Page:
Great to hear WP plan to hold on to pick of Craven Week stand­outs

Satur­day Comment

Weekend Argus (Saturday Edition) - - SPORT - GAVIN RICH

O what do you do when an iconic and com­pletely en­thralling se­ries in­volv­ing the Bri­tish and Ir­ish Lions is over?

Well, if you’re lucky enough to work from home and have time enough to be distracted by the tele­vi­sion while ev­ery­one else is slav­ing in an of­fice, then watch­ing a 19-year-old kid score 98 as No 11 while bat­ting like a lefthanded Kevin Pi­etersen is a pretty good way to fill that empty space.

But I did drag my­self away from the Ashes just long enough to watch the sport that pays for my big-screen tele­vi­sion and the food and drink that keeps my heart beat­ing.

Western Prov­ince played the Blue Bulls in the Craven Week in Polok­wane, and it was a match well worth watch­ing.

It wasn’t just that WP won, and won big, that made it worth­while to spend 70 min­utes of my life watch­ing the game, but the sheer qual­ity of the Prov­ince per­for­mance.

It’s hard to re­call when last a team dished up con­sis­tently ex­cel­lent counter-ruck­ing such as the Cape for­wards did on Wed­nes­day, and there was also plenty of tal­ent on show at the back.

I’m not as crazy about schools rugby as some peo­ple are and have trou­ble some­times with the win-at-all-costs at­ti­tude that th­ese days seems to per­me­ate that level of the game.

Craven Week is dif­fer­ent be­cause it pits provin­cial teams, and po­ten­tial fu­ture pro­fes­sional play­ers, against one an­other, but the tele­vis­ing of ranked matches be­tween schools teams is some­thing I am un­com­fort­able with.

There are only so many places avail­able in pro­fes­sional rugby at the var­i­ous unions, so apart from cre­at­ing young prima-don­nas, the tele­vised games also make it hard for the school­boys who don’t make it im­me­di­ately to the pro­fes­sional ranks to ad­just to the type of rugby they get to play im­me­di­ately af­ter school.

In other words, for an un­der-21 team that plays on a chilly Wed­nes­day night with only your girl­friend, if you’re lucky enough to have one, there to watch you.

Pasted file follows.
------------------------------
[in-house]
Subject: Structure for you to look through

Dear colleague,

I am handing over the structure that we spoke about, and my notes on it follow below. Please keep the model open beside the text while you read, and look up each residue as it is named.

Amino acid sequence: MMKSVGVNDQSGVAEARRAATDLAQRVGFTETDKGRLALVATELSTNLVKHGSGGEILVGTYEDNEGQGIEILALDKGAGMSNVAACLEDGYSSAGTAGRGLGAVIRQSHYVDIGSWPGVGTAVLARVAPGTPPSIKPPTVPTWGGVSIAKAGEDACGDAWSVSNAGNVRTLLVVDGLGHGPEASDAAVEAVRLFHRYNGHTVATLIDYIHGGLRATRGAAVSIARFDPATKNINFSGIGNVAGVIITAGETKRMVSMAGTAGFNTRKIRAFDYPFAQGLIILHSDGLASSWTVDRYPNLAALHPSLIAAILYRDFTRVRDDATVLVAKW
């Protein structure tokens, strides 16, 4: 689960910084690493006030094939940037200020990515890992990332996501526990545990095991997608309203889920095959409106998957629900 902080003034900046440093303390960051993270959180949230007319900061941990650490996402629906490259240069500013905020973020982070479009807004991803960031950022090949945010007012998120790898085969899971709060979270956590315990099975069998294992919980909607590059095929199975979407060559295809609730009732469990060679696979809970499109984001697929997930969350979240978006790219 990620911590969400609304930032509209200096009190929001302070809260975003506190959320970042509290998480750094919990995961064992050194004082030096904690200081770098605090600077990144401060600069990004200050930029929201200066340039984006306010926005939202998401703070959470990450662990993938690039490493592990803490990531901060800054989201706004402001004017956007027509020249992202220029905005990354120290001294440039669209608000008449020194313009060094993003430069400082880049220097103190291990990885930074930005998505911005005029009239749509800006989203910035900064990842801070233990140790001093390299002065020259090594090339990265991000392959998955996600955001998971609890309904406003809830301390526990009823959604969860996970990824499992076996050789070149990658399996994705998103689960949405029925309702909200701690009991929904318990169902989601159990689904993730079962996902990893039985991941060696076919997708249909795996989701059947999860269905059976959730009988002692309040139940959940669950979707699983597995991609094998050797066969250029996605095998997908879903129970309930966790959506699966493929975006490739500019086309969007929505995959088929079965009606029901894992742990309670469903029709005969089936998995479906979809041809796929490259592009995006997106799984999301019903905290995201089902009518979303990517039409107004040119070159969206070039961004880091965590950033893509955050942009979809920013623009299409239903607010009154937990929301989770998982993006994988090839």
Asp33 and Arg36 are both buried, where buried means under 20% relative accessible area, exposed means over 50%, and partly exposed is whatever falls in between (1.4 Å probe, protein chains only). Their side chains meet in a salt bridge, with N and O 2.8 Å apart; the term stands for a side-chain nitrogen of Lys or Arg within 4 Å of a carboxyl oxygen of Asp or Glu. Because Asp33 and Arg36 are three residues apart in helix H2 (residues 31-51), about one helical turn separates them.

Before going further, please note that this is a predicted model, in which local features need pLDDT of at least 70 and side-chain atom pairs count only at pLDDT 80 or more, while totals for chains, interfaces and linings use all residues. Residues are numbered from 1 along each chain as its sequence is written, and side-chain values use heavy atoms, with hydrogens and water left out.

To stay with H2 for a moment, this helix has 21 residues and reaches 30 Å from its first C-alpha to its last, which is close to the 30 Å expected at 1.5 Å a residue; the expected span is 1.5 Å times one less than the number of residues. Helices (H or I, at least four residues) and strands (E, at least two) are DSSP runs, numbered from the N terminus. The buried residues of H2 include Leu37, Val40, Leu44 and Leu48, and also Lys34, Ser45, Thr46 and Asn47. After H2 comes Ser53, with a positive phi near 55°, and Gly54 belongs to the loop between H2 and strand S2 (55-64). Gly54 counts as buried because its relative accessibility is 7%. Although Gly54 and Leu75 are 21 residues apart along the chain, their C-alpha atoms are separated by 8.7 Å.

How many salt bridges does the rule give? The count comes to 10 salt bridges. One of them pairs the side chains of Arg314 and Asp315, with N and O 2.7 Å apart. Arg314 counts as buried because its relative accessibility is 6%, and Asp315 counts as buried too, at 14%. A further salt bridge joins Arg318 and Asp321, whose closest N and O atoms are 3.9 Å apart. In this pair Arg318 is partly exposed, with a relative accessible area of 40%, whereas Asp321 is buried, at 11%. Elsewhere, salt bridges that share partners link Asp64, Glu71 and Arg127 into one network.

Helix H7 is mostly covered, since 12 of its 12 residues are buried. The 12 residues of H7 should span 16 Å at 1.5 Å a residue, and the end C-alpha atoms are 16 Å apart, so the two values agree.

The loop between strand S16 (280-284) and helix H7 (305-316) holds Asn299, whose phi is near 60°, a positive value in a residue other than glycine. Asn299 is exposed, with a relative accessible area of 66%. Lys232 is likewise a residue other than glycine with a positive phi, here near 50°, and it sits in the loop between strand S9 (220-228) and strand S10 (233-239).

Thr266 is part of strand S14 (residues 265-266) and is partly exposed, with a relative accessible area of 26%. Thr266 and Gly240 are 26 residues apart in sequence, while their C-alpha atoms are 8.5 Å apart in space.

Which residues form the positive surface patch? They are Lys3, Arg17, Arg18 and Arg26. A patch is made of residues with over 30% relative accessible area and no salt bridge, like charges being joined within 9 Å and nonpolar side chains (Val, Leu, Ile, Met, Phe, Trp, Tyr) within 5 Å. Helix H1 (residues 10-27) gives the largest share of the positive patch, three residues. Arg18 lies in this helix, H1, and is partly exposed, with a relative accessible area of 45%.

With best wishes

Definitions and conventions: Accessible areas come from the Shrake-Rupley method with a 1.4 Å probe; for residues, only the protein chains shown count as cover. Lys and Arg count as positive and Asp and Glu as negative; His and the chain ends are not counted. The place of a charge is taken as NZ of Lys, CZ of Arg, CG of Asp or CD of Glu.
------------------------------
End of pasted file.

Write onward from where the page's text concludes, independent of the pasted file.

I was also on Rassie Eras­mus’ side when, as ef­fec­tively the WP di­rec­tor of rugby, he pointed out that too much of a fuss was be­ing made of school­boys leav­ing the Cape.

Prov­ince doesn’t have a right to ev­ery school­boy that com­pletes his ed­u­ca­tion in the re­gion.

Just as prospec­tive young lawyers, doc­tors and vet­eri­nar­i­ans have a right to broaden their hori­zons by study­ing and prac­tis­ing else­where af­ter school, so do young rugby play­ers.

But when I was watch­ing the game on Wed­nes­day I did keep won­der­ing how many of the WP play­ers were go­ing to be wear­ing the colours of the Bulls next year, so it was pleas­ing to learn that Prov­ince ap­pear to have got it right by re­cruit­ing the cream of the cur­rent crop for next year.

Daniel du Plessis, son of

SMichael, pos­si­bly the finest rugby player I ever saw play, is, ac­cord­ing to the re­ports I have read, stay­ing in the Cape next year.

And so are Jac­ques Ver­meulen, a flank with for­mi­da­ble prom­ise, and No 8 Rikus Bothma. The in­jured SA Schools lock JD Schick­er­ling is also go­ing to be stick­ing around, while some of the best of the young play­ers from else­where, such as the highly re­garded Lions prop Frans van Wyk, are headed this way in 2014.

And yes, it’s good to see WP tar­get­ing front-rankers!

Of course there will be some­one out there who can list a cou­ple of play­ers who are leav­ing, and sure enough there will be a re­port some­where in the com­ing weeks that some player from a lo­cal school who is ex­tremely highly rated by his first team coach and his mother and un­cle is head­ing off to the Sharks Acad­emy or some­where of its ilk.

But you can’t hold on to ev­ery­one as there are only so many spots avail­able in pro­fes­sional rugby squads and at the bet­ter rugby in­sti­tutes and academies, and fam­ily mem­bers aren’t al­ways good tal­ent iden­ti­fiers.

What to do with the tal­ented play­ers who aren’t play­ing is one of the big ques­tions faced by the peo­ple charged with the task of charting the suc­ces­sion plan­ning pro­grammes in each re­gion, and I am not sure it helps a young­ster to be con­tracted to a union where there are so many other tal­ented young­sters that he doesn’t get to play.

If a player that is re­ally good comes through else­where, then the way of the pro­fes­sional era is that you get a chance to buy him back.

It may cost you more in the long run once that young­ster is es­tab­lished, and bud­gets are limited, which is why re­cruit­ment is be­com­ing more and more cru­cial.

But then shouldn’t the ex­tra money payed out for a prodi­gal son to re­turn home not be weighed up against the fin­ish­ing touches that may have been ap­plied else­where if that player by mov­ing has ben­e­fited from op­por­tu­ni­ties he wouldn’t have had at home?

Demetri Ca­trak­ilis, who we hear is re­turn­ing to WP for the com­ing Cur­rie Cup sea­son, is a case in point.

Had Peter Grant been fit Ca­trak­ilis would not have been in line for a game at the Storm­ers this sea­son.

By mov­ing to the Kings, he was guar­an­teed a start in Su­per Rugby, and the ex­pe­ri­ence he picked up at that fran­chise must surely ben­e­fit this re­gion now that he is re­turn­ing.

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